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Implementing new safety initiatives requires a sound business case

Angela Gismondi
Implementing new safety initiatives requires a sound business case

Obtaining approval from senior management for any new safety initiative, controls or training program cannot be done without preparing a solid business case and showing the financial benefits, especially during a global pandemic.

That was the message from Jeet Tulshi, of casualty risk control with Liberty Mutual Canada, in his presentation Understanding the Financial Piece of the Safety Puzzle, part of the Partners in Prevention conference, held virtually this year at the end of October.

“COVID-19 has brought business finances under the microscope,” explained Tulshi. “Investments in safety and everything else for that matter will need even stronger justification today. Utilize the business case and the concept of return on investment (ROI) to justify your safety project any chance you get. I’m not suggesting you get paralysis by analysis but whenever it’s necessary and appropriate, use the business case and ROI to justify your investment.”

In his presentation, Tulshi discussed the correlation between safety and company finances, how to justify investments in safety, how to better understand the cost of workplace injuries, safety calculators and the impact of cost of injuries on business profitability.

“Every time an injury is prevented that has a direct impact on the employers’ workers’ comp premium and that’s a powerful story,” said Tulshi. “Use safety calculators to better understand and estimate costs of injuries to support your investment decisions.”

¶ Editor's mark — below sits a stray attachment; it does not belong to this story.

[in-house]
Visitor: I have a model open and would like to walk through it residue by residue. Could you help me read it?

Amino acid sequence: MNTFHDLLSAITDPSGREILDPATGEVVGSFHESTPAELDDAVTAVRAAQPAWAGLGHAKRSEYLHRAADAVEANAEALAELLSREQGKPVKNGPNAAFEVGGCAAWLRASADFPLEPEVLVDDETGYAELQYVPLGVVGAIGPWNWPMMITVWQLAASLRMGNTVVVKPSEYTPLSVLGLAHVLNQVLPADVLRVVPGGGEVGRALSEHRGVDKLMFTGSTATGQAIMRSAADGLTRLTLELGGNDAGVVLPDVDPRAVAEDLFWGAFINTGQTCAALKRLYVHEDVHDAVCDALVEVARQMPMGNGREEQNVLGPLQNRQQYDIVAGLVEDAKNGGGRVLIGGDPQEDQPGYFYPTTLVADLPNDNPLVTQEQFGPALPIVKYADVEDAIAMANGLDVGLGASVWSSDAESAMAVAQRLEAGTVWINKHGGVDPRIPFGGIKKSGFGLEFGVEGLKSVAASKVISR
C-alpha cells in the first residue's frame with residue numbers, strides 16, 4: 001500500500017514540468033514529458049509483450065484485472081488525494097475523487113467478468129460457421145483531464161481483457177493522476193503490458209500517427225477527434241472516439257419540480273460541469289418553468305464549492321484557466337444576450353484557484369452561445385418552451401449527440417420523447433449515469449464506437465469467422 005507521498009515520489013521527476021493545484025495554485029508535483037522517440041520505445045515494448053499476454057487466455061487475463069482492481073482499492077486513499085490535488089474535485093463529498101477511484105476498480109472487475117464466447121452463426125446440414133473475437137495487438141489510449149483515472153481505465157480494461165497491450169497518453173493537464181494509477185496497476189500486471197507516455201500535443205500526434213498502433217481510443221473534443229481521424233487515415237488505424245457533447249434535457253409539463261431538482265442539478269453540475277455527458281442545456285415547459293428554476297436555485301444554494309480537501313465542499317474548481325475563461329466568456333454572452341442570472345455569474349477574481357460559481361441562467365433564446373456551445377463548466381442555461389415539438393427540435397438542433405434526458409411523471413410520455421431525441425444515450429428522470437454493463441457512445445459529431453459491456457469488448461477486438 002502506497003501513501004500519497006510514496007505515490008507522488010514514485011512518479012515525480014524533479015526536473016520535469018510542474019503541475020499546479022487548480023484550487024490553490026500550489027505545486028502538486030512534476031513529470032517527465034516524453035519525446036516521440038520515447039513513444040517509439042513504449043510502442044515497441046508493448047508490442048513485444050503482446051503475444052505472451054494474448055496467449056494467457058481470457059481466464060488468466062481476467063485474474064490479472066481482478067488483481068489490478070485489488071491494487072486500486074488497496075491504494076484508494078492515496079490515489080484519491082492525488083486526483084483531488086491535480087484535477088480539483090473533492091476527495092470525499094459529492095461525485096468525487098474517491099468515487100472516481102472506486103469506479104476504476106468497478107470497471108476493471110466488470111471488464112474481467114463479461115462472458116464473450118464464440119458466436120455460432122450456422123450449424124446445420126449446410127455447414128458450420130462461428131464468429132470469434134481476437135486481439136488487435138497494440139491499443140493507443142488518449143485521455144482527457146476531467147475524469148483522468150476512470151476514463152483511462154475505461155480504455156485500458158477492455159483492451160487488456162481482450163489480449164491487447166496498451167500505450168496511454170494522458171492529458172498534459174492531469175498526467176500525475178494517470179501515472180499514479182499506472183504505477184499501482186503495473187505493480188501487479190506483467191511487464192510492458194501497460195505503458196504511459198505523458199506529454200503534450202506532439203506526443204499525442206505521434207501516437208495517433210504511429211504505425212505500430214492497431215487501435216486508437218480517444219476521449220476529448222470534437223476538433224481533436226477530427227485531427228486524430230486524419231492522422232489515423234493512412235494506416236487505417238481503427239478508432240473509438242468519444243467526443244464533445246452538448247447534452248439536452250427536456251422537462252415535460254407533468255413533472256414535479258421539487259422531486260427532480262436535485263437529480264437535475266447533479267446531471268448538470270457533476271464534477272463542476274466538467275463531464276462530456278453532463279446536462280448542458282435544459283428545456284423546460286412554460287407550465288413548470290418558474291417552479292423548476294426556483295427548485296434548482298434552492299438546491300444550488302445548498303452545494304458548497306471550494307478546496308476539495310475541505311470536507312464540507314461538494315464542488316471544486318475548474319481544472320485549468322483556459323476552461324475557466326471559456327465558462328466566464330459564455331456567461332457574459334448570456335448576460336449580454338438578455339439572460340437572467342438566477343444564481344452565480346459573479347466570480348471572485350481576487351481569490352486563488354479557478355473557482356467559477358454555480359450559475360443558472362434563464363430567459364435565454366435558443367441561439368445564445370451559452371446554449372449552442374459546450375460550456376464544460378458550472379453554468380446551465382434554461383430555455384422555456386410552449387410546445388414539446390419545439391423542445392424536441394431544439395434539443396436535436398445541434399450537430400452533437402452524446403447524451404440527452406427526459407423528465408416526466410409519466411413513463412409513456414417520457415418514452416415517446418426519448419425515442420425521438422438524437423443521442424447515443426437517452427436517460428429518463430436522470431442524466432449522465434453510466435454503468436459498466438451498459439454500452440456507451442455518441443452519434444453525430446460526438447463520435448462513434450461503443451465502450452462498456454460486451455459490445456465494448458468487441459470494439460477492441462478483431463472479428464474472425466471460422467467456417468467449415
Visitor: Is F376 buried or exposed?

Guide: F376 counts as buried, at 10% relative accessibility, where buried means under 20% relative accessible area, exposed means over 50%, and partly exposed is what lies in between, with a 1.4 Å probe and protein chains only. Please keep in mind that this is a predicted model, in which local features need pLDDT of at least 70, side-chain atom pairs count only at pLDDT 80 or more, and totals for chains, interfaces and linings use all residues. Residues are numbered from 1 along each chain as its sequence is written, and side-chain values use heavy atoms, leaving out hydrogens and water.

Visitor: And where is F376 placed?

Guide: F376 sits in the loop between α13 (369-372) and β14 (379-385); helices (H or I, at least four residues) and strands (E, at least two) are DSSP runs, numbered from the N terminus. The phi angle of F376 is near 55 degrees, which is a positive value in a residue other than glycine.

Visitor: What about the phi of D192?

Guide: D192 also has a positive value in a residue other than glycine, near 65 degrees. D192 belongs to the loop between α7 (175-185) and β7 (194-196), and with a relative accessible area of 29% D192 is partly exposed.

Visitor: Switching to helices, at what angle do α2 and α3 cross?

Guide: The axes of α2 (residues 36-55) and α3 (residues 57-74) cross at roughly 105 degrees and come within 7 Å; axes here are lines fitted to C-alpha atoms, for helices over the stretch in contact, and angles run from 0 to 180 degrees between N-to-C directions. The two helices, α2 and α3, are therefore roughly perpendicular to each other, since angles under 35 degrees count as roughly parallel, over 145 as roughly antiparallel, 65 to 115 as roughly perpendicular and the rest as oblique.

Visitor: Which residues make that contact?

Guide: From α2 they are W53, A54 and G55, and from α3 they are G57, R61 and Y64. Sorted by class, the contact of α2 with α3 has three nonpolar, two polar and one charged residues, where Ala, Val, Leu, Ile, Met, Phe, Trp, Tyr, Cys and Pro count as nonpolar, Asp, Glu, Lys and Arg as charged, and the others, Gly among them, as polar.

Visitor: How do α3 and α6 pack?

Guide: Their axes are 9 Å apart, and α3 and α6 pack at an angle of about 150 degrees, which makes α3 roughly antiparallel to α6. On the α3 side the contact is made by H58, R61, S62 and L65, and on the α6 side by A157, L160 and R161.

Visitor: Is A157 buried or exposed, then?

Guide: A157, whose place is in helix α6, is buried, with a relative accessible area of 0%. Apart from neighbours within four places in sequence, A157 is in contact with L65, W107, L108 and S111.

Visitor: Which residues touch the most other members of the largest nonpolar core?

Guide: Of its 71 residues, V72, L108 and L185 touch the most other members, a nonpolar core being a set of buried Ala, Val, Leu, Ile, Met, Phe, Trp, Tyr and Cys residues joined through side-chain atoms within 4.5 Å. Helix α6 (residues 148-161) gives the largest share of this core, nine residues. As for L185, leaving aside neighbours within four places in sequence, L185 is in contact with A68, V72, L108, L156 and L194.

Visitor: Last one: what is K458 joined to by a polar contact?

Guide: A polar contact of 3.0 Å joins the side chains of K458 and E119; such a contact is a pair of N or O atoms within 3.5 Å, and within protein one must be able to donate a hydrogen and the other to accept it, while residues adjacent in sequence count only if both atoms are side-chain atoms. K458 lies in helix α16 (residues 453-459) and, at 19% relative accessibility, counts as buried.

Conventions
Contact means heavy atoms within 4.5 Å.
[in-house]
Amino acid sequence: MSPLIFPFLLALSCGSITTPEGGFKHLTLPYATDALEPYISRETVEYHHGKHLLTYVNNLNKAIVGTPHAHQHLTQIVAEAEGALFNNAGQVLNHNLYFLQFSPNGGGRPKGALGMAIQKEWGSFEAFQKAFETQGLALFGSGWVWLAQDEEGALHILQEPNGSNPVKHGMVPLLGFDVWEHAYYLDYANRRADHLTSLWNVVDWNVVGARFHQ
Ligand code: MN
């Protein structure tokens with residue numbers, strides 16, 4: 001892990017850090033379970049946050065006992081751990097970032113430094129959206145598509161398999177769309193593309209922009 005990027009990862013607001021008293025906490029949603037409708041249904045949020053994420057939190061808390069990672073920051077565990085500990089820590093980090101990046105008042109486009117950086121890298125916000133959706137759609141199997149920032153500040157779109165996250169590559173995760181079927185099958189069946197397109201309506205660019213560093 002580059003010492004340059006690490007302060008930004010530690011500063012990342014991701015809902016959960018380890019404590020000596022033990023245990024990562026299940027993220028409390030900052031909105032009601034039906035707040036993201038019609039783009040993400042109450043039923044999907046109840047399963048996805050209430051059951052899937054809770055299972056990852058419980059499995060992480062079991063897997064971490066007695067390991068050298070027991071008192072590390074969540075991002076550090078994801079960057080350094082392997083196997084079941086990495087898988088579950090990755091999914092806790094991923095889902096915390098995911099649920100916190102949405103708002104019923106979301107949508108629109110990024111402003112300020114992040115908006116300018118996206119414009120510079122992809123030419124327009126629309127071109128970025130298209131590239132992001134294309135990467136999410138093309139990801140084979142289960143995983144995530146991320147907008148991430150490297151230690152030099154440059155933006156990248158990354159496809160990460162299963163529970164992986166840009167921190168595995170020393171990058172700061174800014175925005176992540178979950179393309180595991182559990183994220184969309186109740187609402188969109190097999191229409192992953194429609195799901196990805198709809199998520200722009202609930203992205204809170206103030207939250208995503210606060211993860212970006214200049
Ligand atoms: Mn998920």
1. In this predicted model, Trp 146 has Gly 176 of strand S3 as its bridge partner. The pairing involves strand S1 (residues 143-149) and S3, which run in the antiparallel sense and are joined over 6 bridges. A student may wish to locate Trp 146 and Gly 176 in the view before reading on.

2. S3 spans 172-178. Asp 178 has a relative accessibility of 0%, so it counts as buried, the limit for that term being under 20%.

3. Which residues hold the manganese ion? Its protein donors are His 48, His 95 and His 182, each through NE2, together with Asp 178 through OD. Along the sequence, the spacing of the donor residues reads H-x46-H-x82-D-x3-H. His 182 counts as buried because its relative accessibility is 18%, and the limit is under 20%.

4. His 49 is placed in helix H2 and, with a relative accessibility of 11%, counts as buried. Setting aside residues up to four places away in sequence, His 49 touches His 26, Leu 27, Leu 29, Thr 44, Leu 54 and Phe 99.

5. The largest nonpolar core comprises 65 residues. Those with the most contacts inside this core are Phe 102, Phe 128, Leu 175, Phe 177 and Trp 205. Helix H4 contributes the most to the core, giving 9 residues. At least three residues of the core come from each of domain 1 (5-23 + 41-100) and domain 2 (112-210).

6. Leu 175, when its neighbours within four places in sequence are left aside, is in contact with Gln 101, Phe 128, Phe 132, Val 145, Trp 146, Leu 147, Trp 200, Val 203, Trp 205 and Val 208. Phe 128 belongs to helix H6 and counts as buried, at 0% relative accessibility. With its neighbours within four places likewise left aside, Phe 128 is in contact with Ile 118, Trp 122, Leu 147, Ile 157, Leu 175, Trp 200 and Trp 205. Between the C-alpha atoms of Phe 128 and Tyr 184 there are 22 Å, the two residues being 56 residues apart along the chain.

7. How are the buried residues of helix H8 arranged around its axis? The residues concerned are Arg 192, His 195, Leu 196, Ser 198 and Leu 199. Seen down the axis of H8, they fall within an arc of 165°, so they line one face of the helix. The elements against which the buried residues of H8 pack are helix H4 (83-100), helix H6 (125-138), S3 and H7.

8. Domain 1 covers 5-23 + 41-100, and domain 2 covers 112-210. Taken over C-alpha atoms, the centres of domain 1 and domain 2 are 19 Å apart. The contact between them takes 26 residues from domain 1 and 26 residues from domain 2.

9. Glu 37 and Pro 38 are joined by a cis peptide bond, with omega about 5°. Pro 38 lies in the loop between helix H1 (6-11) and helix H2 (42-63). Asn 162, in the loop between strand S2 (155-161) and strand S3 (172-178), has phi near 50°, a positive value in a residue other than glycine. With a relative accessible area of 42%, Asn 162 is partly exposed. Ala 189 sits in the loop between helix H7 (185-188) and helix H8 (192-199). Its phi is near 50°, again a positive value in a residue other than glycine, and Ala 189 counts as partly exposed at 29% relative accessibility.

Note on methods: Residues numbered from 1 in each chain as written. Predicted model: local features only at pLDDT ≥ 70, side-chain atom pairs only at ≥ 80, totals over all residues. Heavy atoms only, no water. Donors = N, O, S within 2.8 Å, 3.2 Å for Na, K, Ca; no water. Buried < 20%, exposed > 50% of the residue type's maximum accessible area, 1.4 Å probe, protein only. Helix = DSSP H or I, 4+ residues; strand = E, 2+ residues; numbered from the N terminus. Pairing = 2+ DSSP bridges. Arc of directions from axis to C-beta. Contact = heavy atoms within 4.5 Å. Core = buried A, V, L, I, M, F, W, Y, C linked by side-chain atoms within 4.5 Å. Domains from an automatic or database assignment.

He used the example of an injury costing around $3,000 and how the company needed to generate more than $120,000 in sales to recoup that cost.

However, finance is only one piece of the safety puzzle, he advised.

“Finance is important, but safety is about much more than money,” Tulshi pointed out. “Employers have a legal and moral obligation to protect its human capital. People responsible for safety are there to help employers meet that obligation.”

 

At the virtual Partners in Prevention conference held recently, Jeet Tulshi, casualty risk control with Liberty Mutual Canada, presented on Understanding the Financial Piece of the Safety Puzzle. He discussed the importance of finances in safety but stressed that safety is about much more than finances.
SCREENSHOT — At the virtual Partners in Prevention conference held recently, Jeet Tulshi, casualty risk control with Liberty Mutual Canada, presented on Understanding the Financial Piece of the Safety Puzzle. He discussed the importance of finances in safety but stressed that safety is about much more than finances.

 

He shared a personal story about a steam boiler exploding in his uncle’s factory in Guyana when he was a teenager.

“The explosion was due to a lack of maintenance,” Tulshi said. “Three people died in the blast including my cousin who was just 27 years old at the time. He had two daughters both under five years old. He had third degree burns from steam almost on his entire body.